These days, the barriers to entry are rising faster than Jesus beats it out of the tomb on Easter to get himself a (preternaturally kosher) green eggs and ham sandwich.  Even a seemingly mundane industry like farming has Mount Anto scrambling to bind the farmers’ hands and brand their hides.

It’s the same story almost everywhere you look.  Businesses trying to subvert the marketplace in favor of their own profits.  It’s a recipe for disaster.

Subverting the marketplace is the economic equivalent of deforestation.  In the short term you get tons of cheap wood and farmland, but in the long term you have tossed away some of your greatest resources for stability in favor of a few years of profits.

Even our leaders can’t help themselves, though.  They have long blocked any real competition for governance, savoring their cushy seats so much that they now increasingly risk their oligopoly due to the ever-escalating war of words they must rely on to keep their constituents in a frenzy rather than letting them calmly pore over the issues.

But it’s harmful.  The creation of commerce depends upon diversity and choice.  When industries couple themselves together, they remove choice from the market, and they decrease the overall creation of commerce.  More precisely, they usurp the individual’s choice and act as a proxy for it.

You might prefer one firm’s shoelaces, and another firm’s shoes, but without the choice to relace the shoes, you must decide which is more important.  If the barriers to entry are low, that’s fine, because the firm that’s losing can simply improve on their faults.

But when barriers are high, and many choices are coupled, it’s much harder.  Consumers are making thousands of tradeoffs and only choosing amongst a few firms in doing so.

The USA currently has lackluster competition in a variety of key areas (including the political markets), resulting in subpar economic performance.  Until that changes, consumers get inferior goods, investors get inferior returns, and stability will remain more fragile than it needs to be.

Understanding the Occupation

Since its inception, the Occupy movement has been ridiculed and drawn sideways dog heads from the establishment. That’s kind of cute, in that it shows exactly how baffled the establishment is, which is exactly why the Occupy movement exists! The Occupy movement represents the fact that the establishment is completely out of touch with reality, so I guess it’s acceptable and expected that this is the reaction.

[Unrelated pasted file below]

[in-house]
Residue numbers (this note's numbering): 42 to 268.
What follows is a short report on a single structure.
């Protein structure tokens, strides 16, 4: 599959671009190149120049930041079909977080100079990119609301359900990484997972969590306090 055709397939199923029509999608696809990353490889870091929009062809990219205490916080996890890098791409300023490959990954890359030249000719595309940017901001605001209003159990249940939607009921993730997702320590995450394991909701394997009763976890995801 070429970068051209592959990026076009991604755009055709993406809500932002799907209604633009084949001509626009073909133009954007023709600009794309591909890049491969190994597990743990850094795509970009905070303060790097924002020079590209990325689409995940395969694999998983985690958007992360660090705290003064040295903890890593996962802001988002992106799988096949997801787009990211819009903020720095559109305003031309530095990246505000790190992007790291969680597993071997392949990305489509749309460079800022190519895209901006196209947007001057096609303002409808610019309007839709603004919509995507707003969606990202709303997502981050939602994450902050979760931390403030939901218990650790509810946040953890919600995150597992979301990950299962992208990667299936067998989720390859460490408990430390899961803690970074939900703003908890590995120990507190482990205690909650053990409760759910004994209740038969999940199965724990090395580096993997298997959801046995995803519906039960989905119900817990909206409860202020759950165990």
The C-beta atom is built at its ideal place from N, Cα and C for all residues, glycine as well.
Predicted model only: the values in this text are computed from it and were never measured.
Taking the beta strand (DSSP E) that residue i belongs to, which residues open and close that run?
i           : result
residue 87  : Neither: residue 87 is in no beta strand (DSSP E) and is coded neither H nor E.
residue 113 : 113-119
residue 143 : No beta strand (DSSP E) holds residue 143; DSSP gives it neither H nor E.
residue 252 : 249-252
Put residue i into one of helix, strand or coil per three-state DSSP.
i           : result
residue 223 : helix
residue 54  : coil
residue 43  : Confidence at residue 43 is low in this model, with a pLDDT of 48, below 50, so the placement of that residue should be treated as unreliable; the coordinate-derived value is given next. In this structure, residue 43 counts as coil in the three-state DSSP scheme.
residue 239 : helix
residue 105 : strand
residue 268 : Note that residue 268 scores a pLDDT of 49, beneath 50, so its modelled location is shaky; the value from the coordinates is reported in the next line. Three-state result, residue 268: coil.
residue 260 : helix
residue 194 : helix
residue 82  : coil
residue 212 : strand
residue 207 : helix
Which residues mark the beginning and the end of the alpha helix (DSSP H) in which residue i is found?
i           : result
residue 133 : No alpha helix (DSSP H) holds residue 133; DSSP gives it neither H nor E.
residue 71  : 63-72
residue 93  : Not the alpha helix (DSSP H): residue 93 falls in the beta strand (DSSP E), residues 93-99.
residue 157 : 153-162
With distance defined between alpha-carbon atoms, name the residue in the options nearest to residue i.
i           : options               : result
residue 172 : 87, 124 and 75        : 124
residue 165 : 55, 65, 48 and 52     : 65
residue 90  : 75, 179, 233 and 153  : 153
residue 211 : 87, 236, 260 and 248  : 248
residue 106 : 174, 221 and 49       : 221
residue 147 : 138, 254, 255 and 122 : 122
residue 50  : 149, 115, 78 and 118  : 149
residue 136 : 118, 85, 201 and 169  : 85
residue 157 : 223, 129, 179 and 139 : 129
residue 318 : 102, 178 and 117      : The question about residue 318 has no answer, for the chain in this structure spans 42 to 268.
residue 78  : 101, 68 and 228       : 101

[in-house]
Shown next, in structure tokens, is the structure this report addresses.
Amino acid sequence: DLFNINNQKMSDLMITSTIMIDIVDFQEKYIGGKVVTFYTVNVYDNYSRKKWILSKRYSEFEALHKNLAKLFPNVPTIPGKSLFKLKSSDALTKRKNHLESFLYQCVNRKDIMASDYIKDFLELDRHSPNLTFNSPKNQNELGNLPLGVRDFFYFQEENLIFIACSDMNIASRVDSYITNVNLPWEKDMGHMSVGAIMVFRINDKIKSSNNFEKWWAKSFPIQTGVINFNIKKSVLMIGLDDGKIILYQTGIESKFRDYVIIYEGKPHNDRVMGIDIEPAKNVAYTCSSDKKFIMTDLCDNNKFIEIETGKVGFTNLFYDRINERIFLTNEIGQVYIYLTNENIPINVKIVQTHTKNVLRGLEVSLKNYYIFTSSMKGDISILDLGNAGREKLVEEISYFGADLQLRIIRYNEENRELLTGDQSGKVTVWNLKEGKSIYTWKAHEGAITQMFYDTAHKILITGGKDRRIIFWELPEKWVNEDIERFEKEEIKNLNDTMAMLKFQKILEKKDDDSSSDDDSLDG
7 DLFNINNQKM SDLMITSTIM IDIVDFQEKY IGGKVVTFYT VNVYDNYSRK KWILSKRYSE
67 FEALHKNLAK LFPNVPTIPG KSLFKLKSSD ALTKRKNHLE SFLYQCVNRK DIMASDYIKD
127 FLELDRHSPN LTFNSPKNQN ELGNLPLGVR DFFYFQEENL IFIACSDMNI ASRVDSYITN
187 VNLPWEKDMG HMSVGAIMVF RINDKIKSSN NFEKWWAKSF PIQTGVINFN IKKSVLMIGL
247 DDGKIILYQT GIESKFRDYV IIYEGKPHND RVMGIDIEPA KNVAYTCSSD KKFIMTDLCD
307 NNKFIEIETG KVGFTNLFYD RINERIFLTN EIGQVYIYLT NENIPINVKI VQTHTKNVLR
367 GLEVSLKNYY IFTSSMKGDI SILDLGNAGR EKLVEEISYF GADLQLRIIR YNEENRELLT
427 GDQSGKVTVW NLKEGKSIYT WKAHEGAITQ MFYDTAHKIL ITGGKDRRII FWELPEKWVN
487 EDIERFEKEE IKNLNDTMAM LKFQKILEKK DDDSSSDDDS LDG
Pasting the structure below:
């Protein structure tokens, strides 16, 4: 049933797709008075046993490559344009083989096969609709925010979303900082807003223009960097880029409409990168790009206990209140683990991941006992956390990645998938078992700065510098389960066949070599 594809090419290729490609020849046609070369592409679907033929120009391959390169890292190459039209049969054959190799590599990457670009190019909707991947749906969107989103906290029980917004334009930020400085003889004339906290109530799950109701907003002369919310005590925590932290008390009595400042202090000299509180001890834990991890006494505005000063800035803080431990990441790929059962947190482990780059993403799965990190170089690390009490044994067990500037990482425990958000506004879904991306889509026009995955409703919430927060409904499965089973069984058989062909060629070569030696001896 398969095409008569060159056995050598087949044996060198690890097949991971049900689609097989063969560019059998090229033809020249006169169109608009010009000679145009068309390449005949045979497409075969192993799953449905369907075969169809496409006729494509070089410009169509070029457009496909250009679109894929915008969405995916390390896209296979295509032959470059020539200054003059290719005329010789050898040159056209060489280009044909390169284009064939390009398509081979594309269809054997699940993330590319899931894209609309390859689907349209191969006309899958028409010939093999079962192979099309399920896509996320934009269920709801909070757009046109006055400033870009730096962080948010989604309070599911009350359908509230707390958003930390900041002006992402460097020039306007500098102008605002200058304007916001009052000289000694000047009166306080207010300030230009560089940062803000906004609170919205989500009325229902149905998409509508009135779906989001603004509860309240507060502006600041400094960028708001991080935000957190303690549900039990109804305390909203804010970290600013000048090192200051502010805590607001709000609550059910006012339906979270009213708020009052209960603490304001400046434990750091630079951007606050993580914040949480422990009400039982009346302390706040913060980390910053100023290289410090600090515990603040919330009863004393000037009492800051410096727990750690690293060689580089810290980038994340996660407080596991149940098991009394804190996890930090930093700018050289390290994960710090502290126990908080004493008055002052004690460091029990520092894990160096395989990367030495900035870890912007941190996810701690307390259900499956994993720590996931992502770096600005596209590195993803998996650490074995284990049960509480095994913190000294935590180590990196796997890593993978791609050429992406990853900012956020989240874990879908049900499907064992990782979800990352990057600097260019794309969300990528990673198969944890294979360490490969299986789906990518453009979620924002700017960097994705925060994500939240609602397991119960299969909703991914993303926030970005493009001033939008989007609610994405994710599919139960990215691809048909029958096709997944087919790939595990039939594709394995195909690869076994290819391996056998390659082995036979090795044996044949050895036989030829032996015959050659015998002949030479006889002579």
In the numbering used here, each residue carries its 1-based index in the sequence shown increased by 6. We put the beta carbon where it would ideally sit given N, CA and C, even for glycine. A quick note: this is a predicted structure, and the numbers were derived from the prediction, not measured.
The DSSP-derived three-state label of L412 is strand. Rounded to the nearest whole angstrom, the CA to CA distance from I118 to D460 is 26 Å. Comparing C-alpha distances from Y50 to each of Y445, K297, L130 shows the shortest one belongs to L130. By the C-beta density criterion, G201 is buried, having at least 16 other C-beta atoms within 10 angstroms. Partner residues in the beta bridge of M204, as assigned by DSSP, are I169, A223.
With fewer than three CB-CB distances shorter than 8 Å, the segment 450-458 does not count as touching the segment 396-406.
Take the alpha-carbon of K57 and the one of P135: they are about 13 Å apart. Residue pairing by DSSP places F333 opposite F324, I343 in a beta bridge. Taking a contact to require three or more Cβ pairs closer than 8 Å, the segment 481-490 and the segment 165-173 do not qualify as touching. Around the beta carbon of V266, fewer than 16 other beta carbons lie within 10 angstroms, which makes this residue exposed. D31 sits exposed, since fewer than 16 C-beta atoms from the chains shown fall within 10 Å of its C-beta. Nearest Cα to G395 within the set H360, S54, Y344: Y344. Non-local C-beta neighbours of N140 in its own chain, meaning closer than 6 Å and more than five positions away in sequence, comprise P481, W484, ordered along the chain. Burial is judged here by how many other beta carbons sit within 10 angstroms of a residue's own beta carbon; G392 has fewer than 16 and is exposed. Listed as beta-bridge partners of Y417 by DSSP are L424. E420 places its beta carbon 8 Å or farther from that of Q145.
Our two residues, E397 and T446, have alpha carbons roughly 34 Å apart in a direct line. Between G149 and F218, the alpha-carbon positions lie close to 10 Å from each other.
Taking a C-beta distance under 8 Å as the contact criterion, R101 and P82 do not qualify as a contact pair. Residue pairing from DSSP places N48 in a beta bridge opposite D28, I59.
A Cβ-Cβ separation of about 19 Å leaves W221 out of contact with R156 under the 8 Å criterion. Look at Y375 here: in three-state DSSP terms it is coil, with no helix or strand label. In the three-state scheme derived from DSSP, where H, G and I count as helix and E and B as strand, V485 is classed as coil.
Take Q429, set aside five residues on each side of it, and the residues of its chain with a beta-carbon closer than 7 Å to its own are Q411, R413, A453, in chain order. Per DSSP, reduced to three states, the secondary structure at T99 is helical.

The Why

I will now quote the second paragraph of the Declaration of Independence:

WE hold these Truths to be self-evident, that all Men are created equal, that they are endowed by their Creator with certain unalienable Rights, that among these are Life, Liberty, and the Pursuit of Happiness—That to secure these Rights, Governments are instituted among Men, deriving their just Powers from the Consent of the Governed, that whenever any Form of Government becomes destructive of these Ends, it is the Right of the People to alter or abolish it, and to institute new Government, laying its Foundation on such Principles, and organizing its Powers in such Form, as to them shall seem most likely to effect their Safety and Happiness. […]

Now, one piece at a time, of what I think are the most essential parts there:

[…] That to secure these Rights, Governments are instituted among Men […]

Why government exists. To allow an orderly state in which we can live without constantly having to assert our rights through violence.

[… Governments] deriv[e] their just Powers from the Consent of the Governed […]

How government exists. It is by the agreement of the people that allows the government to exist, and the reason above is why the consent is given.

[…] that whenever any Form of Government becomes destructive of these Ends, it is the Right of the People to alter or abolish it […]

Follows logically from [1] and [2] above. Given the goal, and the method, if the method is not moving toward the goal, it should be improved or replaced with one which will.

[…] to institute new Government, laying its Foundation on such Principles, and organizing its Powers in such Form, as to them shall seem most likely to effect their Safety and Happiness. […]

Expands on [3]. The manner of choosing the replacement or the improvements should be according to reason.

This is why the Occupy movement exists. The government is hampering the goals that are the impetus for its very formation and existence. It must either be reformed or replaced. The old guard is unable to grasp this.

What they want, of course, is what they’ve always had. They want Occupy to step up to the microphone and say, “we want an end to the war,” which lets the establishment drag their feet, beat their chests, and blow their noses, then end the war and carry on with the old guard way of doing things.

They want something they can sell back to Occupy.